It wasn’t so long ago that Jamie at Bananatown, following a particularly brilliant live show featuring Manchester’s raggapunk mashup veterans, Sonic Boom Six, penned that “[the band] are really getting back into their own following the departure of guitarist, Ben Childs.” In November last year, when the Boom decided to end some of their tour shows on not-so-much crowd favourite as die-hard-fan-favourite, “Until the Sunlight Comes,” six-string main man Nick Horne sheepishly admitted, “I have to pretend to be Ben at the end…” when referring to the undeniably epic final solo. Yes, it’s no well-kept secret that Ben wrote that solo, and quite a lot of music from the Boom’s first three albums. However, following their latest performance at the HMV Next Big Thing event at the Camden Barfly last Thursday, I am finally more inclined to believe what Jamie said many months ago: The Boom are back. Completely different, going in so many directions it’s ridiculous, but back all the same. And better for it.
I could do an adequate job simply reviewing the live show and saying how wonderful it all was, but firstly, I’m sure that someone else will have already done that, secondly, I was having too much fun to concentrate on song orders and crowd reactions, and thirdly, I managed to miss openers The Wonder Villains due to traffic and adverse weather conditions; so it would simply be unfair to them. What I can comment on, however, are the new sounds I heard, the direction I perceive the band to be moving in, and how they’re practically game-changing for not only a band that made their name in and out of the shallow pockets of Moon Ska Europe, Hidden Talent and the ska-punk scene as a whole; but also for the mainstream they are – hopefully – about to break into in a massive way.
Following their various online presences; namely the Facebook page, Laila and Barney’s Twitter and the recently-migrated-to-Tumblr Barney’s Blog has revealed over the last two years that Sonic Boom Six were recording a new album. An album that “would blow City of Thieves out of the water.” An album featuring, “some of Barney’s best lyric-writing to date.” Everyone has heard the flagship single, “For the Kids of the Multiculture,” by now, as it has been featured on many a music television channel and plastered all over the social networks for the past few months. However, on Thursday, we were treated to brand new tunes, “Gary Got A Gun” (which you previously could not be updated on new album shenanigans without spotting somewhere in the respective blurb), “The High Cost of Living,” and “Keep On Believing.” From what I remember, they were all very promising in different ways; but, more importantly, they were all representative of a new sound, one capable of moving distinctly out of the shadows of now-KillBillies folk-punk frontman Ben Childs for good.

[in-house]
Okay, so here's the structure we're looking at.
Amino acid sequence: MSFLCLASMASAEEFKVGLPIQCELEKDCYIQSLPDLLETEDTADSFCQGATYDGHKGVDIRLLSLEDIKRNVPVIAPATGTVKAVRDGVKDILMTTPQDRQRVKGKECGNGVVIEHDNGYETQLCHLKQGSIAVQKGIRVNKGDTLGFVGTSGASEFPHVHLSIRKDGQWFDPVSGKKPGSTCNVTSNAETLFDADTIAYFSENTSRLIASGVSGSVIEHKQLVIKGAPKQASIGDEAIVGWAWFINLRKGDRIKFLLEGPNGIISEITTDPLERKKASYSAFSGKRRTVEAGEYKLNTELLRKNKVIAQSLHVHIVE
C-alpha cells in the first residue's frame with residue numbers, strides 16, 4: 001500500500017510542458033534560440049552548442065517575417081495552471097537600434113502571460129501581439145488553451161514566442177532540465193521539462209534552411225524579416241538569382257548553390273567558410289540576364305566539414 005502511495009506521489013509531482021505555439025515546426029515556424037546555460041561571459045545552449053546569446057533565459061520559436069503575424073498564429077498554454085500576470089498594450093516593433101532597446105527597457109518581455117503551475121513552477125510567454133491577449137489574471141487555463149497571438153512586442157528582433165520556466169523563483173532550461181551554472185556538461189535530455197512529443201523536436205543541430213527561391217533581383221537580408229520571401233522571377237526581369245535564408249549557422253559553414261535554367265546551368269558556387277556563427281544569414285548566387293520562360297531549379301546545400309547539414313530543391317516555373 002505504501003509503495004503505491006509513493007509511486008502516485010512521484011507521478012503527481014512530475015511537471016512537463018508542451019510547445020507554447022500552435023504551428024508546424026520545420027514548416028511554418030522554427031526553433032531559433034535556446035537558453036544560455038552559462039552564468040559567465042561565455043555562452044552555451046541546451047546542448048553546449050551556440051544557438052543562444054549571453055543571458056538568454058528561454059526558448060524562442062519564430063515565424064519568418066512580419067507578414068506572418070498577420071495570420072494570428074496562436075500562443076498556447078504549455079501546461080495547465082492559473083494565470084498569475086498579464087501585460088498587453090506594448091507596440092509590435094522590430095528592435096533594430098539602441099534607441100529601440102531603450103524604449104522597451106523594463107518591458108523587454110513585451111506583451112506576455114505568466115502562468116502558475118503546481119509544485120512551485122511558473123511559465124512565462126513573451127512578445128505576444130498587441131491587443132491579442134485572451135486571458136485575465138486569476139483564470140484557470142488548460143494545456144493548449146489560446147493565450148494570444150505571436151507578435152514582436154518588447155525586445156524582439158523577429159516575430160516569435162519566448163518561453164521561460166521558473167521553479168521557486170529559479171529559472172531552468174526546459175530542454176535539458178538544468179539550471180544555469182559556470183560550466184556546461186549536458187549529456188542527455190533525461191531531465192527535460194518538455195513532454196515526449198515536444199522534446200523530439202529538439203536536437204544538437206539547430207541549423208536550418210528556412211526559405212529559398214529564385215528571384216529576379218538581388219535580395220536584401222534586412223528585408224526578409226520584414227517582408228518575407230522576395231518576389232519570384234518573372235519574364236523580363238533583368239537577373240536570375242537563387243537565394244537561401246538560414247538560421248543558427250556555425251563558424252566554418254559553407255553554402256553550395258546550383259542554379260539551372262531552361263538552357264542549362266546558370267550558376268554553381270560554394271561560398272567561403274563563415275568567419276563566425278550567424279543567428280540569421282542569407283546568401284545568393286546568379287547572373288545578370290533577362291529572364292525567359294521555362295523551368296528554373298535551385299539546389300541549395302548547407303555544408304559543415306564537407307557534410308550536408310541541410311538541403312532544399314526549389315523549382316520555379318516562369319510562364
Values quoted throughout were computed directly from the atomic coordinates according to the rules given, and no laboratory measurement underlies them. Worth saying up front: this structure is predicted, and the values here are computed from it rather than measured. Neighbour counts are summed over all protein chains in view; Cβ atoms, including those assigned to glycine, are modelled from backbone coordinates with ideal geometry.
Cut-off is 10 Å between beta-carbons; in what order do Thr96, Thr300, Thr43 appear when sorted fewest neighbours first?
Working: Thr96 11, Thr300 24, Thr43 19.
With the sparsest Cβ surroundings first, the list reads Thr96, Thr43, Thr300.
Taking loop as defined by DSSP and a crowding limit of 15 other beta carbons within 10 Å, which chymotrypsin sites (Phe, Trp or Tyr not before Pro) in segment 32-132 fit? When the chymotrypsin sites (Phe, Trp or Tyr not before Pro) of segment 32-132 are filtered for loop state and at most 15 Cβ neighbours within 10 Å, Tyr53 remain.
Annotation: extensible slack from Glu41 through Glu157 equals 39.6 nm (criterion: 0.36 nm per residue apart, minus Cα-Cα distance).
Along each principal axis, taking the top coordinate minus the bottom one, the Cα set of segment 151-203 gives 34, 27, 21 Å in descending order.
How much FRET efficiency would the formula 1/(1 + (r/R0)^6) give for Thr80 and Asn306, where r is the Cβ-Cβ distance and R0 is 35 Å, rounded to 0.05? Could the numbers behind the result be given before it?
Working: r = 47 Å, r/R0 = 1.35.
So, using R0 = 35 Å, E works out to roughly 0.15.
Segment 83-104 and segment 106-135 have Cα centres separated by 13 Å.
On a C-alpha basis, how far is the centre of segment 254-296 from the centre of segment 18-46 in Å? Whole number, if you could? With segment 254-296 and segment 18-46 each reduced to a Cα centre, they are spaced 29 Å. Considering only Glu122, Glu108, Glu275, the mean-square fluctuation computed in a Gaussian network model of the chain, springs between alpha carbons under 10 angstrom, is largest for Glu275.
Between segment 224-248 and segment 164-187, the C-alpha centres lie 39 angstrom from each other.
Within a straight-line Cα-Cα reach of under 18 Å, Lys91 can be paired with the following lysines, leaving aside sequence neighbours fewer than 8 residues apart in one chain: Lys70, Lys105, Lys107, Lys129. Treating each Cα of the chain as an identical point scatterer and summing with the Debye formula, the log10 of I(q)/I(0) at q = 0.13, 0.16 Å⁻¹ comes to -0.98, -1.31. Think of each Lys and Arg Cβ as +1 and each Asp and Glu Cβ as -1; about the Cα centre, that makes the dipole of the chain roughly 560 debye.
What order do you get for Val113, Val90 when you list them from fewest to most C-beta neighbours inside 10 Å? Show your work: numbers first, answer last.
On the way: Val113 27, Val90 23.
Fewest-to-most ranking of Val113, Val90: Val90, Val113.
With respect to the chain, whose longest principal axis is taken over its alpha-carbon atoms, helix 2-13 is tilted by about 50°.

It is no surprise or secret that quite a lot of people have been jumping on the dubstep bandwagon for the past two years, after the musical phenomenon exploded in the mid-00s following darkstep remix experiments by big names like Plasticman, Digital Mystikz and Atari Teenage Riot. Dubstep remixes became two-a-penny by 2010, ranging from chart-topping artists like Cher Lloyd (the dubstep remix of “Dub on the Track” featured three incredible grime MCs who aren’t nearly as big as Cher, but the tune itself was not well received by grime fans or dubstep fans) and upstarts (at the time) The Skints (with the KANEDUBSTEP remix of “Up Against the Wall.”) Dubstep was the new sound, the popular sound, so new in fact that Simon Cowell has entertained ideas for a “DJ Idol” style show in an effort to cash in on it. The introduction, therefore, of dub, electronic and darkstep elements to the Boom’s sound, coinciding with the joining of new guitarist, synth-player, producer, mixer, remixer and father-of-five James “Midas” Routh split the fans a bit; with ska-punk purists (read: Reel Big Fish-enthusiasts) claiming that the band were simply going the way of everyone else.
I think it’s definitely worth pointing out that James has been experimenting with electronica in his room and various studios for years before joining Sonic Boom Six, and his influence is no less “watered-down” than the dubstep you hear on the radio or in grotty squat raves. What we experienced with the “Midas Mix” of City of Thieves hit, “Bang, Bang, Bang, Bang!” for example, was a loss of two verses from Ben and ex-King Prawn/ADF badman Al Rumjen, but also an introduction into what James was capable of given a particularly dub-laden rap tune to mess about with. Up until the new songs were aired live, James has essentially been filling the shoes of musicians from the Boom’s history, be they Dave Kelly’s guitar or Ben’s guitar, brass or keys; I welcome the sounds we are now beginning to see emerge from the Boom camp with the inclusion of new talent. You may notice that many of the B-side remixes on new Boom singles were produced by James, I would bet that the new album was co-produced by him also, and I personally would love to see what he can do with Suicide Bid’s stuff – it could be phenomenal.